Ottawa’s new tax-free home savings account won’t increase housing affordability

Printer-friendly version
Appeared in the Hub, April 29, 2022
Ottawa’s new tax-free home savings account won’t increase housing affordability

Based on the Trudeau government’s recent budget, there’s some good news and some bad news on the housing policy front. The good news is that Ottawa explicitly recognized that Canada needs more housing units, in-line with evidence that Canada is dead last in the G7 in terms of the number of housing units per person. The bad news is that Ottawa is throwing fuel on the fire by stimulating the demand side of the housing market.

Prices in housing markets, like all markets, are set by supply and demand. A sharp increase in the quantity of housing units built should put downward pressure on housing prices. By contrast, an increase in the demand for housing units should increase the price of housing. Given the rapid escalation in housing prices not only in Vancouver and Toronto but other parts of the country that used to be somewhat immune to rapid price appreciations, it’s pretty clear Canada needs more housing units.

The Trudeau government, unfortunately, is targeting the demand side of the market in two main ways.

First, a two-year freeze on foreign homebuyers, which is unlikely to move the needle on the demand side since most people who buy homes in Canada are Canadian (in other words, not foreigners) or are exempt from the ban (foreign students, for example).

Secondly, and most importantly, a new Tax-Free First Home Savings Account, which will actually increase housing demand. The account is essentially a hybrid of a Tax Free Savings Account and an RRSP. Contributions to the account are tax deductible (like an RRSP) but withdrawals are tax exempt (like a TFSA). This means that savings for home down-payments will be more tax friendly than retirement savings. In other words, the federal government is incentivizing people to allocate more money to the housing market precisely when it’s running hot.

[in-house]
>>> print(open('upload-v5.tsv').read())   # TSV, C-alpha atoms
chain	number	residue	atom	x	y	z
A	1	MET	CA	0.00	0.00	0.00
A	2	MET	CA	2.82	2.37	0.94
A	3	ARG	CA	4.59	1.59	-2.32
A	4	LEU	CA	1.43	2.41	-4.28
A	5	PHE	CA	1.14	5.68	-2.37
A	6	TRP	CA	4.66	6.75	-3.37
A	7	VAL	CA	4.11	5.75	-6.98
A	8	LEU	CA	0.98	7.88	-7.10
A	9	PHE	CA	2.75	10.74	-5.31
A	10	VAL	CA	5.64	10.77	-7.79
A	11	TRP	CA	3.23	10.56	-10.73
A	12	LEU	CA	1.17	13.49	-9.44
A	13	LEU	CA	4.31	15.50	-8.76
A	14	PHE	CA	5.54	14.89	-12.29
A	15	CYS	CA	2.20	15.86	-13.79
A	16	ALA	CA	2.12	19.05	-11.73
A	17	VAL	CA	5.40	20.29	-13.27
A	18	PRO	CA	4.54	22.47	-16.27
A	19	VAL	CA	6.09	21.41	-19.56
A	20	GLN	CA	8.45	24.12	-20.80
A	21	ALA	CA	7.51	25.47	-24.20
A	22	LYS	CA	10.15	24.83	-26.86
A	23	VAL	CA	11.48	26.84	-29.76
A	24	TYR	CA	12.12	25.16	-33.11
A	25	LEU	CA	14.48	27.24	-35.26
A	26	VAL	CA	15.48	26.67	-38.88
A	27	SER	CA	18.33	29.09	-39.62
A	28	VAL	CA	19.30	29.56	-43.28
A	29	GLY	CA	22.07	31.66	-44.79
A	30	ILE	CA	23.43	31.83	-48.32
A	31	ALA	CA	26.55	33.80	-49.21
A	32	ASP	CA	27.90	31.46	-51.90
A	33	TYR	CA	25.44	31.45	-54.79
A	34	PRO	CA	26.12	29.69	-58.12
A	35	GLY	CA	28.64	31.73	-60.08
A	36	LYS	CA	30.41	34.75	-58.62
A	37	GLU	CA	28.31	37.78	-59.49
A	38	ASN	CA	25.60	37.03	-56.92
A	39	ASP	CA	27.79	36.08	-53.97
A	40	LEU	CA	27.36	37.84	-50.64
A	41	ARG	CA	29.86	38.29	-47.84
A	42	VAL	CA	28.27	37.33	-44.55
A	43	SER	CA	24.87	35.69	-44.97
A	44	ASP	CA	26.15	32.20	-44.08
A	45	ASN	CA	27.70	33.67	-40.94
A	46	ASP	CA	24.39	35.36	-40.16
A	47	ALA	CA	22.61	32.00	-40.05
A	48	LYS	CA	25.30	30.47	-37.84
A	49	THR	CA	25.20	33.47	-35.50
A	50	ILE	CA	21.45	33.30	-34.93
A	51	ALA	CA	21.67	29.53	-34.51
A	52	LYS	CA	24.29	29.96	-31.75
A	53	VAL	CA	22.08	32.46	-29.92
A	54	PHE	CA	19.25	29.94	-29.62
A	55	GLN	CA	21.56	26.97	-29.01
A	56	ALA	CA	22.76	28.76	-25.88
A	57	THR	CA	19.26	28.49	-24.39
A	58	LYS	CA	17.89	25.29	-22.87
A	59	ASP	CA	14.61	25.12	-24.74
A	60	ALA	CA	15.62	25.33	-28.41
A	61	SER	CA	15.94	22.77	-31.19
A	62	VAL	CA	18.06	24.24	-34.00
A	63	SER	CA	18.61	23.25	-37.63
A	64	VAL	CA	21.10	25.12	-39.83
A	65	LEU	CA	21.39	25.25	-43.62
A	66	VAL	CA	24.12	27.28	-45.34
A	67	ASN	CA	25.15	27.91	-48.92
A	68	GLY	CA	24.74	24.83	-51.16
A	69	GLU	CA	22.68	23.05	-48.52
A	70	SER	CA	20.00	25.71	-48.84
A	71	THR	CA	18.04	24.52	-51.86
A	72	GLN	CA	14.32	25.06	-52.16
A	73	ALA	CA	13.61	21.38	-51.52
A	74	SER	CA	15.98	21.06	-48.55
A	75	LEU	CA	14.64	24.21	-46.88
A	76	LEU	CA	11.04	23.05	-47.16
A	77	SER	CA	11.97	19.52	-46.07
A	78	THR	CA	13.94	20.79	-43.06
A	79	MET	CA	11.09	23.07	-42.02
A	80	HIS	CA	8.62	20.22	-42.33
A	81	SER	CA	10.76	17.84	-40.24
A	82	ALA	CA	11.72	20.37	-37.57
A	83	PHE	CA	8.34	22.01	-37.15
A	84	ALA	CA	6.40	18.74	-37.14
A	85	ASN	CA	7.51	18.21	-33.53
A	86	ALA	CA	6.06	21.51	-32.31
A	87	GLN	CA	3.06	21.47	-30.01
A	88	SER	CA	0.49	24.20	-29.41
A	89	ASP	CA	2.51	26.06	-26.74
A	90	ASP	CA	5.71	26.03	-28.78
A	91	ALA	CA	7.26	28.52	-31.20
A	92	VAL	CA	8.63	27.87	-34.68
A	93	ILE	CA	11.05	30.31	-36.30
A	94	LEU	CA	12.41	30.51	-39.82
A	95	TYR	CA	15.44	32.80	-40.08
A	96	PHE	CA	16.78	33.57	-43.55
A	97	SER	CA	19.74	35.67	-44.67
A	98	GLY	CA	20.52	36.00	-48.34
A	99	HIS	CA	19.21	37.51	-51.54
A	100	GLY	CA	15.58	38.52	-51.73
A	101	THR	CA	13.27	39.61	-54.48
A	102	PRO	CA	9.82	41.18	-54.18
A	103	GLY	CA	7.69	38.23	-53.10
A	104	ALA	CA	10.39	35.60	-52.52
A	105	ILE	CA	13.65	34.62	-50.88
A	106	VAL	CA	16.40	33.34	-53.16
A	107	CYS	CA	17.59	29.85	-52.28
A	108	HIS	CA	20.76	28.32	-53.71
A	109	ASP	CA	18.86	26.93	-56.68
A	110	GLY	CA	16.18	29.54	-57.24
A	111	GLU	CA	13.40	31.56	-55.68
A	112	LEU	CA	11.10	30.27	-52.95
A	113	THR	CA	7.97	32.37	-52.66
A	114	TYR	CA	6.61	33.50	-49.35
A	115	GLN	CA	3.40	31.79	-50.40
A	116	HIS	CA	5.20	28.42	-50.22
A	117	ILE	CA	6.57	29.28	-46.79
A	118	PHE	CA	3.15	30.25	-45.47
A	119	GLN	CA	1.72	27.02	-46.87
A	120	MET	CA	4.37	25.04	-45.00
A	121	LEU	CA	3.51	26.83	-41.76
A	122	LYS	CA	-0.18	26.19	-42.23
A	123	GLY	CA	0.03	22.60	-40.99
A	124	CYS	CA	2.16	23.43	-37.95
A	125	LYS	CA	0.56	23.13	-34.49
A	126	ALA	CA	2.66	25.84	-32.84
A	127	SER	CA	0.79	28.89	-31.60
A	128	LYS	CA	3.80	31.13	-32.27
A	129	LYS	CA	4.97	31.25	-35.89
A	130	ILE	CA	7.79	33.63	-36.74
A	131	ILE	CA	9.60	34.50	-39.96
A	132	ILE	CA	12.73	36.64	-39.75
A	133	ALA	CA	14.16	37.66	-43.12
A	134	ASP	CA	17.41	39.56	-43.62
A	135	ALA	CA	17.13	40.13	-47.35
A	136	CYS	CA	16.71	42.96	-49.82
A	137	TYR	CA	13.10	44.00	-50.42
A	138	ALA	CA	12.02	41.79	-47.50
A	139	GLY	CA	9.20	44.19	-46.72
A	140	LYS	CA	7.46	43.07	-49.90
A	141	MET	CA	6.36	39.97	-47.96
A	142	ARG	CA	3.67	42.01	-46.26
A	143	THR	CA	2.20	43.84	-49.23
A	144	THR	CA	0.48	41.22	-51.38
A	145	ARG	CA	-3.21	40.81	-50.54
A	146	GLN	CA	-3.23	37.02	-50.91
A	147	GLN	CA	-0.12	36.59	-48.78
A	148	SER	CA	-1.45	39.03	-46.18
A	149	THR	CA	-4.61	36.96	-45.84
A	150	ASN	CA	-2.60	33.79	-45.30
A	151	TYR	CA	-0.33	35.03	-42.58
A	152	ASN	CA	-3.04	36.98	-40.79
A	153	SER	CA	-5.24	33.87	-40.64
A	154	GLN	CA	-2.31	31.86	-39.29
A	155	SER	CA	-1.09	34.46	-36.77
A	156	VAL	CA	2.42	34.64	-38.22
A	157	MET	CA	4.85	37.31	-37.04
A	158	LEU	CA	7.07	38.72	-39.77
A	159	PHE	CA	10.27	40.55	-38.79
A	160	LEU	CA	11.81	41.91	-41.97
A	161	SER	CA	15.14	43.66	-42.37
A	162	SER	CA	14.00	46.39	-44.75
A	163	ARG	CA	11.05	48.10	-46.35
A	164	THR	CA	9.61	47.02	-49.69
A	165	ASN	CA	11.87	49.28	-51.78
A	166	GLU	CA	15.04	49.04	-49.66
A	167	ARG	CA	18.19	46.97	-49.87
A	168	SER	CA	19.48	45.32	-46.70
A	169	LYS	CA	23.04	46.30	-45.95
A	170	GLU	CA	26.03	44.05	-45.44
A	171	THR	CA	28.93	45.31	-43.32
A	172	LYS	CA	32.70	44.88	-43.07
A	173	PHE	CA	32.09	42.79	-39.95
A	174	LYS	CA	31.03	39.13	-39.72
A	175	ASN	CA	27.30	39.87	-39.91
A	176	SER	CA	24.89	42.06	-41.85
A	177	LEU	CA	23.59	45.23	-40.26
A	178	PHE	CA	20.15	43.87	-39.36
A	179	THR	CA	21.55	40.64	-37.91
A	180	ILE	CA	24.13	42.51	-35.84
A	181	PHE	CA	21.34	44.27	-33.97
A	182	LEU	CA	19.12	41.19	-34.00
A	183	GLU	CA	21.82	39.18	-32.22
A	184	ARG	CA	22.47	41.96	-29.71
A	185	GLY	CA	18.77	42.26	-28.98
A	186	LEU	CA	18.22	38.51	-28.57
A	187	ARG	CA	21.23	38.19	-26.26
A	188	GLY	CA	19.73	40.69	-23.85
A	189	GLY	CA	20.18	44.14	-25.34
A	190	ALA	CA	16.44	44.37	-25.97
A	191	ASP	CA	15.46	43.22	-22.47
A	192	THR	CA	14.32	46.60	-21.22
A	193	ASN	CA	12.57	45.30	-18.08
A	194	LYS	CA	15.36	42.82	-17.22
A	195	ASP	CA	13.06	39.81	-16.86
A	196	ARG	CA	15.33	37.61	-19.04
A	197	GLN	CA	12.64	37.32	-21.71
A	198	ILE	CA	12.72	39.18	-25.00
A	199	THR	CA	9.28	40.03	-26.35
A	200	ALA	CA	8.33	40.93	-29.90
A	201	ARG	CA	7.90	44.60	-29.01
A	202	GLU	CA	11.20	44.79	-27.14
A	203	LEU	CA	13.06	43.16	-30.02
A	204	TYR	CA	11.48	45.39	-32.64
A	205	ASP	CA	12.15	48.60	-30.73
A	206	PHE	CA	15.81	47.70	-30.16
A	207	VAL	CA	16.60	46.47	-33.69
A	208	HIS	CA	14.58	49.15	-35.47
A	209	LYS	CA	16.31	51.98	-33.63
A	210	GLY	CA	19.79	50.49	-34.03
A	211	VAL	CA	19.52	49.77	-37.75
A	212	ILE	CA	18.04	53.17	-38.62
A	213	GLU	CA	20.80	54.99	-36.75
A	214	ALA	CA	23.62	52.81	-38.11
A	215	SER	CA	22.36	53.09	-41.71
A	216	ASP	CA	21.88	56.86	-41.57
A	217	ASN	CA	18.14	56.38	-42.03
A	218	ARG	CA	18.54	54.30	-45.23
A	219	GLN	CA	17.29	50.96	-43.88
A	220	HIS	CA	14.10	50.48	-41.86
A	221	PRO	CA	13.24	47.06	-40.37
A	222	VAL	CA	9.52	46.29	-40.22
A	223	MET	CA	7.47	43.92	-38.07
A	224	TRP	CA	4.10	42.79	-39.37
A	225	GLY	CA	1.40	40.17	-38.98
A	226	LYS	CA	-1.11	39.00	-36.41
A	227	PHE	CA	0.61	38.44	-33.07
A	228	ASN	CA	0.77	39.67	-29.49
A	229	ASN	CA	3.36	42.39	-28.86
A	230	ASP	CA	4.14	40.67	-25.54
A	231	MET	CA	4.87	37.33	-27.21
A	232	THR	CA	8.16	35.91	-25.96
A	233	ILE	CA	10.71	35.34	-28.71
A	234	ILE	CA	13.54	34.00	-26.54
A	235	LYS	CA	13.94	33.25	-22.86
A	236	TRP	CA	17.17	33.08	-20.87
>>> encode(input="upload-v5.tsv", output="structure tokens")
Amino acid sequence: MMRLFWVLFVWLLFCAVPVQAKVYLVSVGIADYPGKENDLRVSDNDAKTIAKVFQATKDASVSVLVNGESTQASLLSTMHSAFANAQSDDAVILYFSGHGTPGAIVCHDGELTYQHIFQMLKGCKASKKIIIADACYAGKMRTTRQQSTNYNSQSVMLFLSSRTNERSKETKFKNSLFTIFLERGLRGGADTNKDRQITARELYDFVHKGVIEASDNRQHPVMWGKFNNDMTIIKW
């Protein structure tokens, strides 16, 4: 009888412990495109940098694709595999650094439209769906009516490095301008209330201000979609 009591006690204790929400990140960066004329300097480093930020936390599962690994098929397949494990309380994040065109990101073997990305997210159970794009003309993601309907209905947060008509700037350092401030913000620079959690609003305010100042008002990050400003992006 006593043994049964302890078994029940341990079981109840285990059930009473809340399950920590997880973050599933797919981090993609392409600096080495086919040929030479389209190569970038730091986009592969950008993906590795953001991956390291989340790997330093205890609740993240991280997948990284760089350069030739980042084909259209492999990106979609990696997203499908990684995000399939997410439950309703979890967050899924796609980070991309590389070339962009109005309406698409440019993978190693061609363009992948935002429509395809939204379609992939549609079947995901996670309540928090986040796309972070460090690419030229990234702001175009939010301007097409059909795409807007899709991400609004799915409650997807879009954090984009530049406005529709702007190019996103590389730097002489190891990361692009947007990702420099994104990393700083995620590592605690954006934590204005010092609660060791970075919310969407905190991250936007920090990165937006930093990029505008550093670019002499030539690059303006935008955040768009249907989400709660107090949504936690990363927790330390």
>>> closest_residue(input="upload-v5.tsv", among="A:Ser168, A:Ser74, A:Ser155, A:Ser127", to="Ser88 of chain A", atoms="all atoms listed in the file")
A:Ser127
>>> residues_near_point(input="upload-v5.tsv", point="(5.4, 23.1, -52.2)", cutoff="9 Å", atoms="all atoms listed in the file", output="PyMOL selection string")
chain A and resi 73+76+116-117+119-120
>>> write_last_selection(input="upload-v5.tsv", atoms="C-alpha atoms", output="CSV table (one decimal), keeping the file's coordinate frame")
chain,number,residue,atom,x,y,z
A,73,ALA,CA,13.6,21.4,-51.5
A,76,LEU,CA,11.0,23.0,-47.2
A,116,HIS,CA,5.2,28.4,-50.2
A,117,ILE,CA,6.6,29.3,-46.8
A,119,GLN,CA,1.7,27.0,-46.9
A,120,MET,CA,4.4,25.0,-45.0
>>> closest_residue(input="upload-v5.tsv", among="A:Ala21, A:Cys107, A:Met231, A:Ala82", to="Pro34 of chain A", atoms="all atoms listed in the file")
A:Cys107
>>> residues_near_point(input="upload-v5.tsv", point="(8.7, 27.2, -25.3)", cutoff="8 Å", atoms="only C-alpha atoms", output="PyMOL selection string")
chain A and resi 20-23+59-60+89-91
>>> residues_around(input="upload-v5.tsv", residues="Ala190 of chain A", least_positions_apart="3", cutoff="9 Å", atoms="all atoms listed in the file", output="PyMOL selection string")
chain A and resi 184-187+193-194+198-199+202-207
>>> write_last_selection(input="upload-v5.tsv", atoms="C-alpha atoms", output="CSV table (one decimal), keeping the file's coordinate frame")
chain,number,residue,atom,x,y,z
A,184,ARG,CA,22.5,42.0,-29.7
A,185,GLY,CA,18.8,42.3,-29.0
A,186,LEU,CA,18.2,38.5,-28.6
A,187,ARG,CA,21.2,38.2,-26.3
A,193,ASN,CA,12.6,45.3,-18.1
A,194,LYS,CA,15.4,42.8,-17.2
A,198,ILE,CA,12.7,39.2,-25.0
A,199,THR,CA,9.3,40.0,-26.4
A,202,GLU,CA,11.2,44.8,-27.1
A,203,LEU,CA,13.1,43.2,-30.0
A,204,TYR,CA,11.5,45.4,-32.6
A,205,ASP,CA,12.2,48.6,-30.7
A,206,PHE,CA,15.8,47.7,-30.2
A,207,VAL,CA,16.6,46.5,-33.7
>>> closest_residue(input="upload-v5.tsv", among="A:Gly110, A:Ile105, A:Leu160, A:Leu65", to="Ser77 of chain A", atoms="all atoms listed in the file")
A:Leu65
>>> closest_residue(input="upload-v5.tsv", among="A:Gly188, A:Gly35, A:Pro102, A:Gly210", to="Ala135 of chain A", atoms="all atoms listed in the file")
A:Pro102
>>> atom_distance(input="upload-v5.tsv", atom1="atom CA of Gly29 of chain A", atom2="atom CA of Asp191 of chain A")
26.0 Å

The new savings account also means that, at the margins, some people will contribute money to down payments that they might otherwise put into a TFSA or RRSP. In other words, it will encourage people to concentrate more of their assets into housing rather than diversifying their assets by investing in bonds and equities. It’s not clear why we should want people to be more reliant on high housing prices to fund their retirements.

Of course, this new account might seem appealing to some people locked out of the housing market. But adding more participants to bidding wars doesn’t help buyers in the end—it helps sellers by allowing people to bid up prices even more. Giving more money to 10 people bidding on nine houses doesn’t make a tenth house appear.

To be fair, the federal government has a limited set of tools at its disposal to deal with housing prices. But those tools do exist. For instance, there have been proposals from the Conservative Party to tie infrastructure spending to increasing housing density. And even this latest federal budget includes a Housing Accelerator Fund aimed at cutting through red tape and local NIMBYism. One proposal is a stick, the other is a carrot. But they both show how Ottawa can help boost the housing supply. That isn’t to say that we should let municipal and provincial governments off the hook—these two levels of government have a great say in the amount of new housing that gets built. But we shouldn’t pretend that Ottawa is a passive victim of circumstances either.

In the end, however, the only thing that will really move the needle on housing affordability is building more homes. While the Trudeau budget includes measures that will hopefully encourage more supply, they’re undermined by new policies that encourage more demand. Throwing water with one hand and gasoline with the other isn’t likely to put out the fire.